Do Dogs Dream?
Updated: Jan 8, 2021
I’m sure you’ve noticed it. You look over at your dog who should be peacefully asleep, but somehow they’re twitching or breathing heavily as if they were running after a squirrel! Why do they do that? Are they dreaming like us? Long story short, the answer is yes! Scientific evidence proves that dogs dream.
Research to explain this phenomenon began in 2001 when MIT researcher Matthew Wilson confirmed rats have complex dreams. This study examined the sleeping pattern of rats to humans and found that rats and people experience the same sleeping wavelength patterns and cycles. Rats and people both go through the light sleep, deep sleep, and rapid eye movement (REM) cycle. Additionally, by analyzing the firing patterns of the rat’s cells, researchers determined that rats have similar firing patterns during the day as they do while asleep. To further help explain, think about the dreams you have at night. These dreams, usually, are associated with the activities we did during the day. The same goes for rats! In conclusion, rats are indeed dreaming and are dreaming about events that happened during the day.
In 2016, Dr. Dierdre Barret, a Clinical and Evolutionary Psychologist at Harvard Medical School expanded on this idea to include dogs. She said:
“There’s no reason to think animals are any different. Since dogs are generally extremely attached to their human owners, it’s likely your dog is dreaming of your face, your smell and of pleasing or annoying you.”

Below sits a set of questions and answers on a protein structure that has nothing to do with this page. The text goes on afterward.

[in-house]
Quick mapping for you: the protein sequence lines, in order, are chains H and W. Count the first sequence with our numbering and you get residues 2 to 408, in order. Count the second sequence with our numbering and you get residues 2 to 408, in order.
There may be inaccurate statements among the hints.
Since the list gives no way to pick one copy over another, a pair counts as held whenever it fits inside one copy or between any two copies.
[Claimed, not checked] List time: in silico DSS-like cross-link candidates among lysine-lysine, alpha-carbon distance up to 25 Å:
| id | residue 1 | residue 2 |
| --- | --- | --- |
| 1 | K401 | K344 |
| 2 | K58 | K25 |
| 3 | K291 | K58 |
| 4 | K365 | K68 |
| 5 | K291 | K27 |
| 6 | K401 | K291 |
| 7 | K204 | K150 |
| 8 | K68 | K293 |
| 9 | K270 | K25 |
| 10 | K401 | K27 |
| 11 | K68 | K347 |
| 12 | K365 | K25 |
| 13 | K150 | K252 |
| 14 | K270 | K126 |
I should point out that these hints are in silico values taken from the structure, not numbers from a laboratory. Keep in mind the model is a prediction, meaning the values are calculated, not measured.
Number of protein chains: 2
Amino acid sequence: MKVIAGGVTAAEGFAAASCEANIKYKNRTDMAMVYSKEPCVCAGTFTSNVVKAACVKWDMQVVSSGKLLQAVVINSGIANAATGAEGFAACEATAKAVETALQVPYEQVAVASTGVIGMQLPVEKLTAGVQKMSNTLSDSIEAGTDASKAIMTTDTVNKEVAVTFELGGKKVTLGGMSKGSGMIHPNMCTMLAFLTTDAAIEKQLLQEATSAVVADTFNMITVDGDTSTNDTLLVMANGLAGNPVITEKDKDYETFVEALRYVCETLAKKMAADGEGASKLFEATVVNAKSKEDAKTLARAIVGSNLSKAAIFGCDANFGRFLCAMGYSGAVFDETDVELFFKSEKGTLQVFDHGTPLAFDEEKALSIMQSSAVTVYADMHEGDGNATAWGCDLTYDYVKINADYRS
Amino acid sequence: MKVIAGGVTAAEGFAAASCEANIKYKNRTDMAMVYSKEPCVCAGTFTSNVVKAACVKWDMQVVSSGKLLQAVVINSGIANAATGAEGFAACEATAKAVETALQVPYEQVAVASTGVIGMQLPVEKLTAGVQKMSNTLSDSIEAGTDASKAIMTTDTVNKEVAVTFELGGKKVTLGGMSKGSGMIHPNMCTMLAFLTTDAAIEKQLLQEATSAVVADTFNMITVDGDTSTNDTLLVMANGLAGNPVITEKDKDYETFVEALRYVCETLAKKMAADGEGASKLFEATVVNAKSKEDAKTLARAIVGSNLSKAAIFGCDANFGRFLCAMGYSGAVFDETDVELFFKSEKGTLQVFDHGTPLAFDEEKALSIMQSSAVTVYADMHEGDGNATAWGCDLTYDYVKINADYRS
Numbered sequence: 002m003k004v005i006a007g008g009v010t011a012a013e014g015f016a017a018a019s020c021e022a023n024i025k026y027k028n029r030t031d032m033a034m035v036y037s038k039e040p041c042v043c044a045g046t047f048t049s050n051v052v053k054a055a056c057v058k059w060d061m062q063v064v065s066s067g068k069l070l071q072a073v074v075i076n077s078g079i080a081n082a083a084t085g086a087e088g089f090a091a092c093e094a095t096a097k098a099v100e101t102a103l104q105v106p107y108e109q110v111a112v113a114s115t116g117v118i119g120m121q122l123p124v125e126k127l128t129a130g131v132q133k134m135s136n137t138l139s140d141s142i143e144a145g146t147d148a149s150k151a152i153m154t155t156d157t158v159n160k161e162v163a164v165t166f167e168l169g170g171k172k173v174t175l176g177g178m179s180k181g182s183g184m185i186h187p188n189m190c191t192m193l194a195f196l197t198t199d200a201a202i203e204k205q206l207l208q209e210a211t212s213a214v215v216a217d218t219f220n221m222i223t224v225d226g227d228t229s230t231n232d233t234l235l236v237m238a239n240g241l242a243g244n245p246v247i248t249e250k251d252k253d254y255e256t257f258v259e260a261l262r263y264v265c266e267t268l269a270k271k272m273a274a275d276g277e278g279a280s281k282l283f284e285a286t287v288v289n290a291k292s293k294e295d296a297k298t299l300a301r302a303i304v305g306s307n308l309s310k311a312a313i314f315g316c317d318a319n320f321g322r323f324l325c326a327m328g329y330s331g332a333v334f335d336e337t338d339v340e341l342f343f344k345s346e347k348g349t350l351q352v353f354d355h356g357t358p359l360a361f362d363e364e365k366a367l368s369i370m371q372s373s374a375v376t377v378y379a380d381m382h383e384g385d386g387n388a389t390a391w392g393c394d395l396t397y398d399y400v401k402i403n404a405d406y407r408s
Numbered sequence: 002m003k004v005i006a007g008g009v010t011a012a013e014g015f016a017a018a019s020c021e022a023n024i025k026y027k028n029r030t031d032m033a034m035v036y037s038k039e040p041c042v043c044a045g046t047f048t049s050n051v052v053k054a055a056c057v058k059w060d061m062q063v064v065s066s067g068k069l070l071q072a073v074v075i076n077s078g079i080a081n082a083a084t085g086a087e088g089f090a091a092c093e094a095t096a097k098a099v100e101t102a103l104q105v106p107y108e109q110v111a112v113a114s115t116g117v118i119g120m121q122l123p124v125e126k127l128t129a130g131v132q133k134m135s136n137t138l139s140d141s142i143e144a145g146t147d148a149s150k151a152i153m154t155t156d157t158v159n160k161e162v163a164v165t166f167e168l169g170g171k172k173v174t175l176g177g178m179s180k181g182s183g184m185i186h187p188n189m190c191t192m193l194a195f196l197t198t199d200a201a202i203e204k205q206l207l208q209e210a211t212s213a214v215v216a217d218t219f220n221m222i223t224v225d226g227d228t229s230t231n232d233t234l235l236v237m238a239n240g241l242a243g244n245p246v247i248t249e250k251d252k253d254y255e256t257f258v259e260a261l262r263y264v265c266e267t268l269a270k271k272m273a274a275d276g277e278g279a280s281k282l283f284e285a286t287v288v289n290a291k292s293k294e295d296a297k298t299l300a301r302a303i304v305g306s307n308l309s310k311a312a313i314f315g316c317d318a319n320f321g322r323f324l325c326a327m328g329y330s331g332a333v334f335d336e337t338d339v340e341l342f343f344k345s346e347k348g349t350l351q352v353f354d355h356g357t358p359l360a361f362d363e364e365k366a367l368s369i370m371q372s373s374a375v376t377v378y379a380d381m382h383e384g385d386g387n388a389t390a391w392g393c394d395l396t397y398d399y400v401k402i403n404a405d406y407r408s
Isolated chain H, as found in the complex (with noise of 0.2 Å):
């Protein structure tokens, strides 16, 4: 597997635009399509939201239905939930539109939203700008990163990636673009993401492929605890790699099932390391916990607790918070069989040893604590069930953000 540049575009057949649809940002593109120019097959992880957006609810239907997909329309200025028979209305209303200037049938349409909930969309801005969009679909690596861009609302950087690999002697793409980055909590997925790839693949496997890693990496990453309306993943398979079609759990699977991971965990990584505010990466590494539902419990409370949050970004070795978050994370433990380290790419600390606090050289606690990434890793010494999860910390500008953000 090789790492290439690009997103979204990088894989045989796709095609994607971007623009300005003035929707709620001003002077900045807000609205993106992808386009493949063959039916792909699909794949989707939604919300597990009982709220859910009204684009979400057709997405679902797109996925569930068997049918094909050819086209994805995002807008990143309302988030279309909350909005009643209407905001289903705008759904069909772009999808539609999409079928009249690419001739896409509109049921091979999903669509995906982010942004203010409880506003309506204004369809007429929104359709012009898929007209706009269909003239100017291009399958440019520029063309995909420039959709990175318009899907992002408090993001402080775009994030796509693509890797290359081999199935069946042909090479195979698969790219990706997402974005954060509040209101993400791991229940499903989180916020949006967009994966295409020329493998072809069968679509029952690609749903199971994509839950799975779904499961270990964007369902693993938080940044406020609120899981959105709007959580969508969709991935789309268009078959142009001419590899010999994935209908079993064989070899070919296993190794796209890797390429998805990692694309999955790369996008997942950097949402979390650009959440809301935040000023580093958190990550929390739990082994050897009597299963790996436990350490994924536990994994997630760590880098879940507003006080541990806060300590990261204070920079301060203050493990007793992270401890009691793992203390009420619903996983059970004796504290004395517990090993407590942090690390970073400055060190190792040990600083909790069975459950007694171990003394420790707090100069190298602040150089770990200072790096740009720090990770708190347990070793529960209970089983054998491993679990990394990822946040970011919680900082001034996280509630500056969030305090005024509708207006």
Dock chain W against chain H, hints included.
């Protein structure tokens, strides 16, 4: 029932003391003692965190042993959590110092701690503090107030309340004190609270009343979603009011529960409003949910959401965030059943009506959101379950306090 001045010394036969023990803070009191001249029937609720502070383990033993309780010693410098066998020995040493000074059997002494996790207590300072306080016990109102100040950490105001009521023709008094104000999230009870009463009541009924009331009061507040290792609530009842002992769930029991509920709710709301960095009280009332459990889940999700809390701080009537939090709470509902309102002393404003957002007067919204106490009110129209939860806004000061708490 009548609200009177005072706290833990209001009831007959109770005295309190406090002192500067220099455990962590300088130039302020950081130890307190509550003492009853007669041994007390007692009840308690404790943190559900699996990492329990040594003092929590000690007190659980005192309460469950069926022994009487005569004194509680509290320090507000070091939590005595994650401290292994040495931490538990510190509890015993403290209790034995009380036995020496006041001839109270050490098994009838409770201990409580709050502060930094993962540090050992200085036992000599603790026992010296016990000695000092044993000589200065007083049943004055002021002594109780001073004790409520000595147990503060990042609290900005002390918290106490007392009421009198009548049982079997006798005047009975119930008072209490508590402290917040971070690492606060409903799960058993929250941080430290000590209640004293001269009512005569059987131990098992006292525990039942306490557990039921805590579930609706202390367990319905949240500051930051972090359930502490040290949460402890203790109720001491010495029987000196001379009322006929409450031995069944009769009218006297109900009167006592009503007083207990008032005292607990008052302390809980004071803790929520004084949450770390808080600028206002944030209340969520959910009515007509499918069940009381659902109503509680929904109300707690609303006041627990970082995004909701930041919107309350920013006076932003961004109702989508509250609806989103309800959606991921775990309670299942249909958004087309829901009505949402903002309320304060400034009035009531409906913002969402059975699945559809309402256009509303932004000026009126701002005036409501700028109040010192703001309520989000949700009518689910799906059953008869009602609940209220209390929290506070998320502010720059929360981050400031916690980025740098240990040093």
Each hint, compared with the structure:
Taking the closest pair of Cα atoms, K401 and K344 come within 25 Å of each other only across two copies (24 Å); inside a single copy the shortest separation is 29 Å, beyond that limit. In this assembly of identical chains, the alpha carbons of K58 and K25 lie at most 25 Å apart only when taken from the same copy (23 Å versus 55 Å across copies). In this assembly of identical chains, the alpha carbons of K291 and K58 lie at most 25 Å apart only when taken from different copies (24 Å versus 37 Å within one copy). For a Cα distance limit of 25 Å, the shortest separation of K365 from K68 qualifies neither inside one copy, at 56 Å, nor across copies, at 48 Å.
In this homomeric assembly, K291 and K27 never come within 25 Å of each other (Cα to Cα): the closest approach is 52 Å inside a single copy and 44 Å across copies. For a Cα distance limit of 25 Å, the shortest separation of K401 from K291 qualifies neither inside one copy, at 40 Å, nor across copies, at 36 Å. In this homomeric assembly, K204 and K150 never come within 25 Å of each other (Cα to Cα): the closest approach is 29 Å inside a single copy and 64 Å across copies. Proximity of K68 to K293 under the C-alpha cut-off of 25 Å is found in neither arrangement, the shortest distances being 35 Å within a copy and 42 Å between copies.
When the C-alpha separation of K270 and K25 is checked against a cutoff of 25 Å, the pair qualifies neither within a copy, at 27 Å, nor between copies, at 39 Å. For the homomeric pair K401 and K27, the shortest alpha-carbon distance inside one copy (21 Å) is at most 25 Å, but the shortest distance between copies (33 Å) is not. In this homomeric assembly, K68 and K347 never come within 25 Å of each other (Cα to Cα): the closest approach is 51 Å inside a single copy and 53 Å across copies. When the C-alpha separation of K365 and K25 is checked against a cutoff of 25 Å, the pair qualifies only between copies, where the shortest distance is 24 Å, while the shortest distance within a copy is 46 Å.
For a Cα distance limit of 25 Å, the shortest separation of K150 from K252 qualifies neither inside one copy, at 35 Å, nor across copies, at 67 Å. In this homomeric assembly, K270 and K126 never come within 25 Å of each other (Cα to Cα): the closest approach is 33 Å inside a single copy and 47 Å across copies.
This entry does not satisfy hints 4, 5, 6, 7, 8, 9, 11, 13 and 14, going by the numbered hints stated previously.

She clarifies that “anything about what animals dream, or even if they dream, is speculative.” Obviously, dogs can’t talk. They can’t tell us what they’re dreaming about, so it’s impossible to make any completely confident conclusions. What researchers do know is that dogs go through the same light sleep, deep sleep, and REM cycles as humans. Because this is the same, there’s no reason to believe that dogs don’t dream like humans.
In humans, the brainstem is what makes it so we don't act out our dreams. The brainstem turns our body temporarily paralyzed during sleep to protect us from unconsciously performing our dream. Dr. Barret explains that the brainstem performs the same job for dogs. It’s likely that movements during sleep (ie: kick, shake, or twitch) are them acting out their dreams. Again, since it works that way in humans, there’s no reason to believe it’s not the same for our pups.
Next time you tuck your pup in for bed, make sure you wish them some “sweet dreams.” It could really count!
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